Final Fantasy VIII

November 29th, 2007 by J. Spiffyman

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While I may not be an avid connoisseur of the Final Fantasy series of games, I enjoy a good RPG as much as anyone else, and I would certainly classify Final Fantasy VIII as “good.” It has solid gameplay, an innovative battle & magic system, plenty of sidequests, and a story that, while not exactly gripping, is certainly intriguing.

FFVIII starts is set in a more modernized world of cars and machines, rather than the medieval settings of most of the other games. The story centers around Squall Lionheart (or you can choose his name yourself), a mercenary-in-training for the organization called “SeeD.” Unlike many games I’ve played, it takes a good amount of time before the plot switches to your run of the mill “save the world” idea, and the development of this transition is refreshing. But, in classic Final Fantasy fashion, you can bet some evil person or persons will soon aspire to rule/destroy/enslave the world, and who else will there be to stop them but you and your party of slightly dynamic comrades? There are some pretty unexpected twists in the plot which complicate matters, twists I personally found shallow, unnecessary, and confusing. If you’ve ever played FFVII, I’d say that this the story is both more confusing and lesser in quality that the one in the previous game. But it is by no means bad, and as far as video games plots go, it’s a cut above average.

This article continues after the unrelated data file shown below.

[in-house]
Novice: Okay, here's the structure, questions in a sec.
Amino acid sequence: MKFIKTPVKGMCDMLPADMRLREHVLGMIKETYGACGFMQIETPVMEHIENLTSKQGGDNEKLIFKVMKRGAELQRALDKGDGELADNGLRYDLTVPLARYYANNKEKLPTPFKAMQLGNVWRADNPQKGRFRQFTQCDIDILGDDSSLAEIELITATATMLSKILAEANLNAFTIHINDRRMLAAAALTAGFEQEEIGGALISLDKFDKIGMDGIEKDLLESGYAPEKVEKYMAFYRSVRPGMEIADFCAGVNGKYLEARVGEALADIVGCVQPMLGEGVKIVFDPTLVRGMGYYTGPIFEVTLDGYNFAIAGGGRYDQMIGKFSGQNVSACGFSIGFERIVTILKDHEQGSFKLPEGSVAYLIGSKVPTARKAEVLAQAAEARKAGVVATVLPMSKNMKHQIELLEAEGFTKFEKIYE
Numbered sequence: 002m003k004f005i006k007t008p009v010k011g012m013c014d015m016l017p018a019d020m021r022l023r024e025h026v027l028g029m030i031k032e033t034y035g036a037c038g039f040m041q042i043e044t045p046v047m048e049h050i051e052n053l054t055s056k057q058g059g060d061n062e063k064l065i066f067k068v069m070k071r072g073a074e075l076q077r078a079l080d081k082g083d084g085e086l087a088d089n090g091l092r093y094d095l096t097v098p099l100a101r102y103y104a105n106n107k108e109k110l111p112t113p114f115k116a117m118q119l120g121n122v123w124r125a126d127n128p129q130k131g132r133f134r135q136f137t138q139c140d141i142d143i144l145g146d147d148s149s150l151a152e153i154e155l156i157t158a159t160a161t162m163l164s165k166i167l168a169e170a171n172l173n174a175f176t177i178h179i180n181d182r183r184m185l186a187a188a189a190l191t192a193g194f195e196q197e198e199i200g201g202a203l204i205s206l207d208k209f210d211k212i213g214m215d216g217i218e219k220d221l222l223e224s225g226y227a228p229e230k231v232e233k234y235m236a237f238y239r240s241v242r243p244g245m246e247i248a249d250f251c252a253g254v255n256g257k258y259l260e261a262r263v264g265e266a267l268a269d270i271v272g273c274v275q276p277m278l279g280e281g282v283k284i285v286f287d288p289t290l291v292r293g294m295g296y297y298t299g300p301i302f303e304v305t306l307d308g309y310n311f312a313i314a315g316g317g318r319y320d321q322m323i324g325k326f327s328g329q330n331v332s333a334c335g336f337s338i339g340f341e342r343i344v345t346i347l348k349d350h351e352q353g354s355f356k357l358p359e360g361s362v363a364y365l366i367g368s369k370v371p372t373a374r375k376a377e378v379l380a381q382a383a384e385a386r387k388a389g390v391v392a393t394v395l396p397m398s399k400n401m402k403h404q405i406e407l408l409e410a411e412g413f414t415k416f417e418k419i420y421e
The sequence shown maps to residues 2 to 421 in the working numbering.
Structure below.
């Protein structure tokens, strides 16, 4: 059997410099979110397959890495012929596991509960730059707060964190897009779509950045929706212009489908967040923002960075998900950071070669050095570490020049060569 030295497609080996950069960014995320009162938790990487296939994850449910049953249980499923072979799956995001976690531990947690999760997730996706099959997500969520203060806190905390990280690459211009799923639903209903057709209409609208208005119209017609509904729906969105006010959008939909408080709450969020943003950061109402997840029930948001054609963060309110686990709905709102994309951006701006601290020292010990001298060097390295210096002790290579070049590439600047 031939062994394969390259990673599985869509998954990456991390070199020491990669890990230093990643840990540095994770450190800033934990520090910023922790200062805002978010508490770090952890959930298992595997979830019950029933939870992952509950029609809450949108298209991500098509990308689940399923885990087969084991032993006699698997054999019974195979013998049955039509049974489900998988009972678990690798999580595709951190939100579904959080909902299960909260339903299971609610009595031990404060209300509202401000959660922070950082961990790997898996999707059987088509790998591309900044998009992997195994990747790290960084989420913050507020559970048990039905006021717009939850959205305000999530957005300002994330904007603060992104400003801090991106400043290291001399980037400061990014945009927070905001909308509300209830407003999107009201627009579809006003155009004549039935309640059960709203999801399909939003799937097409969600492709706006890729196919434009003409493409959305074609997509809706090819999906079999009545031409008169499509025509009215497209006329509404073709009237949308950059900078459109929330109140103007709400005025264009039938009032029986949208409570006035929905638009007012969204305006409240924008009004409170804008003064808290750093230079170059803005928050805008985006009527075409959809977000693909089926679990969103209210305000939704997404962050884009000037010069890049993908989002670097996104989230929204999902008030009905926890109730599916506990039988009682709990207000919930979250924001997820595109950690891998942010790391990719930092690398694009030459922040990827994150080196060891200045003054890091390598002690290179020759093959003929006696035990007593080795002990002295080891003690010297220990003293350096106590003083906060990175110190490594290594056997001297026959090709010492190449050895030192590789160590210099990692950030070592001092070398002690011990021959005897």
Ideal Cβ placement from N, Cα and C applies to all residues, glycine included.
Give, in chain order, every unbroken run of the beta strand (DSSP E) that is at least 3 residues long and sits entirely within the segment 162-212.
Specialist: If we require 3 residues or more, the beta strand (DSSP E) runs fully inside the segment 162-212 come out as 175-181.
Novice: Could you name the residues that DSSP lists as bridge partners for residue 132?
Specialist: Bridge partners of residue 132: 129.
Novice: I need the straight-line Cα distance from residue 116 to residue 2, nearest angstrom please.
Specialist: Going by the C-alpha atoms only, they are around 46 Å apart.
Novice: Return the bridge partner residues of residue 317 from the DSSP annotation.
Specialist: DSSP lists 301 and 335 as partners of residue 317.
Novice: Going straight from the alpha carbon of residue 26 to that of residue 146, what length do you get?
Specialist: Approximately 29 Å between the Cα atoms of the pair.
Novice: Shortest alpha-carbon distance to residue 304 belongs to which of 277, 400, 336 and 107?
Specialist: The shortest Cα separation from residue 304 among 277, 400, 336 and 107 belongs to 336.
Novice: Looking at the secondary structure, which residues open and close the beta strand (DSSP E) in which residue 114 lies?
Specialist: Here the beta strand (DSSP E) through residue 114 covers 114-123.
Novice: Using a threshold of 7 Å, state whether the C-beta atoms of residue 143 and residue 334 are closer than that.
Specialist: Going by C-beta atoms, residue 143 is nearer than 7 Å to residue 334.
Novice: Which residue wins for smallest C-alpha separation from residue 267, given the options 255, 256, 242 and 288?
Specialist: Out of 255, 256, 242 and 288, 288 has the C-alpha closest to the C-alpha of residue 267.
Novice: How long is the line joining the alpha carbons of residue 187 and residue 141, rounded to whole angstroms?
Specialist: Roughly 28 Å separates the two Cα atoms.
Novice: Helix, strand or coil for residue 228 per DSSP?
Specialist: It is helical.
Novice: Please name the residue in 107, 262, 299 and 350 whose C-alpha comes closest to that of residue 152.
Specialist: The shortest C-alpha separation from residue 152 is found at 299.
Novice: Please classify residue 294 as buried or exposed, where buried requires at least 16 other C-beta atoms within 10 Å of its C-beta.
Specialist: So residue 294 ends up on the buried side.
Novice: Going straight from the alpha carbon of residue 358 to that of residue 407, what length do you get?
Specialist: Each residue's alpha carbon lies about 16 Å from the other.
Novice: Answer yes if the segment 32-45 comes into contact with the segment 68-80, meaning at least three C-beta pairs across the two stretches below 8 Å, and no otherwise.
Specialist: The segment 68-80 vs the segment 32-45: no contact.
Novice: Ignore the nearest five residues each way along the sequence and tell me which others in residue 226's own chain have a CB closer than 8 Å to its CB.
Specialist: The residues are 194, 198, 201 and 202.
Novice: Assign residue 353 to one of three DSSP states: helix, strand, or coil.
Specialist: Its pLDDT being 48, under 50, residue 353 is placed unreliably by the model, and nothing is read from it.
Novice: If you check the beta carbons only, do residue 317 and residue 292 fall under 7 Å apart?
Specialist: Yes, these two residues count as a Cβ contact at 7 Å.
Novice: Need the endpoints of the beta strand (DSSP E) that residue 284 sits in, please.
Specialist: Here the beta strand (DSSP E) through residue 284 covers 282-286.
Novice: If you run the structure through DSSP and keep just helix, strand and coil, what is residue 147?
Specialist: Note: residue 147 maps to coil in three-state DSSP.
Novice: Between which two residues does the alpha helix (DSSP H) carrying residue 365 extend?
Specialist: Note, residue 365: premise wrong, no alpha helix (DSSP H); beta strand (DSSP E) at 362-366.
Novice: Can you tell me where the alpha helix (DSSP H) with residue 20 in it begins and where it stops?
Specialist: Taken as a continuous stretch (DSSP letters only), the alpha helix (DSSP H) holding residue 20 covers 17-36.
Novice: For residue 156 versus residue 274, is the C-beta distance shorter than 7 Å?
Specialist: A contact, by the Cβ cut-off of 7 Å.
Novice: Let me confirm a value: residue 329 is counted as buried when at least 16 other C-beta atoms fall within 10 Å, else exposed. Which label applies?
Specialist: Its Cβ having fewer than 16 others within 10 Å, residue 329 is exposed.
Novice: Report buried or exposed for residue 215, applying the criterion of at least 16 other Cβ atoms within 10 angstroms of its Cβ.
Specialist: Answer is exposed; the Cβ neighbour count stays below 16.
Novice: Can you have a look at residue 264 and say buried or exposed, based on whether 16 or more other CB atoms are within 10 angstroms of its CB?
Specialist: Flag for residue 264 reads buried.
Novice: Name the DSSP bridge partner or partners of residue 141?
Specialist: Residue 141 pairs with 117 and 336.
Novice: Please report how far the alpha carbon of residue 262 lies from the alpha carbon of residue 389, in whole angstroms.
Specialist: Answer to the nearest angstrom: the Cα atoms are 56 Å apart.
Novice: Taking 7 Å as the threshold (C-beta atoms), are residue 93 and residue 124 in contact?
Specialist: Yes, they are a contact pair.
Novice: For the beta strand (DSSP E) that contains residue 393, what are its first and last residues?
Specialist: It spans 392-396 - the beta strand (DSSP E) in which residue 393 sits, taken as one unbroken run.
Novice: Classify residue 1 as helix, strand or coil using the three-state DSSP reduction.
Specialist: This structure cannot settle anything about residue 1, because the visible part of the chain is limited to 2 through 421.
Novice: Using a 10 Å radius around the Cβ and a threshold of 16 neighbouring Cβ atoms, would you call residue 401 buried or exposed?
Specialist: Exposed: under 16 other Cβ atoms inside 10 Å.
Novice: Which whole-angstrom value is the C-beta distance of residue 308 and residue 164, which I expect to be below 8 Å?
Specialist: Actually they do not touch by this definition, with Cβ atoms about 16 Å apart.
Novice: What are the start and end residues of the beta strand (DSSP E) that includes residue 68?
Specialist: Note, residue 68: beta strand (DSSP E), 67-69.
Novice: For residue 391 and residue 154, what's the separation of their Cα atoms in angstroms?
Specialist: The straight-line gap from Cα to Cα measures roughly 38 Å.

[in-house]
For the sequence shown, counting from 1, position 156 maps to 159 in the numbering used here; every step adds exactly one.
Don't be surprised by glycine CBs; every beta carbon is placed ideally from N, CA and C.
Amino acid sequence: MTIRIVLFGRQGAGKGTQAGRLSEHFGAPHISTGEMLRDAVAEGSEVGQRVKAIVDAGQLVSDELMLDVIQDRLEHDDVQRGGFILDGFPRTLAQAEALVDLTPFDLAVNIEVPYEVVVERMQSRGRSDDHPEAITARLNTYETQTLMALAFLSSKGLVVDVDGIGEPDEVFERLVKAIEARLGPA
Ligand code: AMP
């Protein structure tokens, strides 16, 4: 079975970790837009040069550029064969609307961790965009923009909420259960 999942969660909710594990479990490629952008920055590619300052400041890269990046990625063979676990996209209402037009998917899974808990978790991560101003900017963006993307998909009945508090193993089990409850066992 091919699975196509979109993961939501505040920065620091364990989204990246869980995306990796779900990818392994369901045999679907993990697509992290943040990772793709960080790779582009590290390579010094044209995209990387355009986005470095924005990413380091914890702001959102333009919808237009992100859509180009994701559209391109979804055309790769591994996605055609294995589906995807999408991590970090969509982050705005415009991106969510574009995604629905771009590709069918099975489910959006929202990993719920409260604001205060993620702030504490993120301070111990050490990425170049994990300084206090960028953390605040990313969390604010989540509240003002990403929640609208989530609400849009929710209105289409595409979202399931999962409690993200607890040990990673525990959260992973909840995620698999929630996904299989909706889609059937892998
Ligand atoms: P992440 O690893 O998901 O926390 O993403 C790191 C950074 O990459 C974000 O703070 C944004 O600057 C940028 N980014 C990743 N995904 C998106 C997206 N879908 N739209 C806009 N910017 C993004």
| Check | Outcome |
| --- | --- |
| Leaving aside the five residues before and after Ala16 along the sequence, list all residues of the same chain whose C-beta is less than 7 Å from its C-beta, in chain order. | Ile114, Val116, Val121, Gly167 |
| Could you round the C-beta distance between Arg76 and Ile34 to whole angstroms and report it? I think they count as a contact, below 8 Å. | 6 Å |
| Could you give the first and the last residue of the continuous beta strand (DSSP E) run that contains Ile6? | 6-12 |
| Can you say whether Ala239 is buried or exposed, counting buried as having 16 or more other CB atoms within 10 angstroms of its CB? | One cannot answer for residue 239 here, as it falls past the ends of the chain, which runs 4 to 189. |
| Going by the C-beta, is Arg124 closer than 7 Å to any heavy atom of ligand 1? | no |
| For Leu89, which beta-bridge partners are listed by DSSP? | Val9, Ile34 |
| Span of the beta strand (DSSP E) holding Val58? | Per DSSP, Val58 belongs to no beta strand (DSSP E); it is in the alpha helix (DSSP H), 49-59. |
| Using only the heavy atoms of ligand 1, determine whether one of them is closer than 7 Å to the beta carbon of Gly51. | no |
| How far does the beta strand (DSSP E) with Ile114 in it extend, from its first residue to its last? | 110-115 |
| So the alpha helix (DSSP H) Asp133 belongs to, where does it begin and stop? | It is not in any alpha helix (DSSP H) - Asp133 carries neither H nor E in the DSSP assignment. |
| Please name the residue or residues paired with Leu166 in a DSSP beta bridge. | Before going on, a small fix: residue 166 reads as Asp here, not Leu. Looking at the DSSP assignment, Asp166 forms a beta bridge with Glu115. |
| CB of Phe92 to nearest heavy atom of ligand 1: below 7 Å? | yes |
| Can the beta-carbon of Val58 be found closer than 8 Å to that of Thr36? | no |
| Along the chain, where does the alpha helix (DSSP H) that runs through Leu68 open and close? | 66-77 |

The battle system in VIII returns to the real-time engine seen in FFVII, and it is still an enjoyable alternative to the rather boring turn-based battles found in other RPGs. Square decides to change the magic system again, and rather than being better or worse, it’s just different. Instead of depending on MP to cast spells, you instead “draw” magic charges from your enemies, and then cast the spells at your leisure. Different enemies contain different magic to draw, so you’ll always have to be on your toes looking for new magic to harvest. Personally, I enjoy this system, because it cuts out all the dependence on MP and lets me focus on battle strategy rather than worrisome magic conservation. However, it’s also extremely exploitable, because you can simply farm the magic you want to get a full stock right from the start, and thus be extremely overpowered.

Summons also make a return to the game, but now they’re called “Guardian Forces”, or just GFs. When a GF is equipped to a character, it gives you the ability to increase that character’s stats by “junctioning” your drawn magic to a stat. GFs can also give your characters a plethora of abilities which you can mix and match to suit your playing style. It is an innovative and highly customizable system, but suffers from the same exploitable flaw as the magic system. Certain easy-to-obtain magic will give huge boosts to your stats, and with the right junctions you’ll easily steamroll through even the toughest bosses.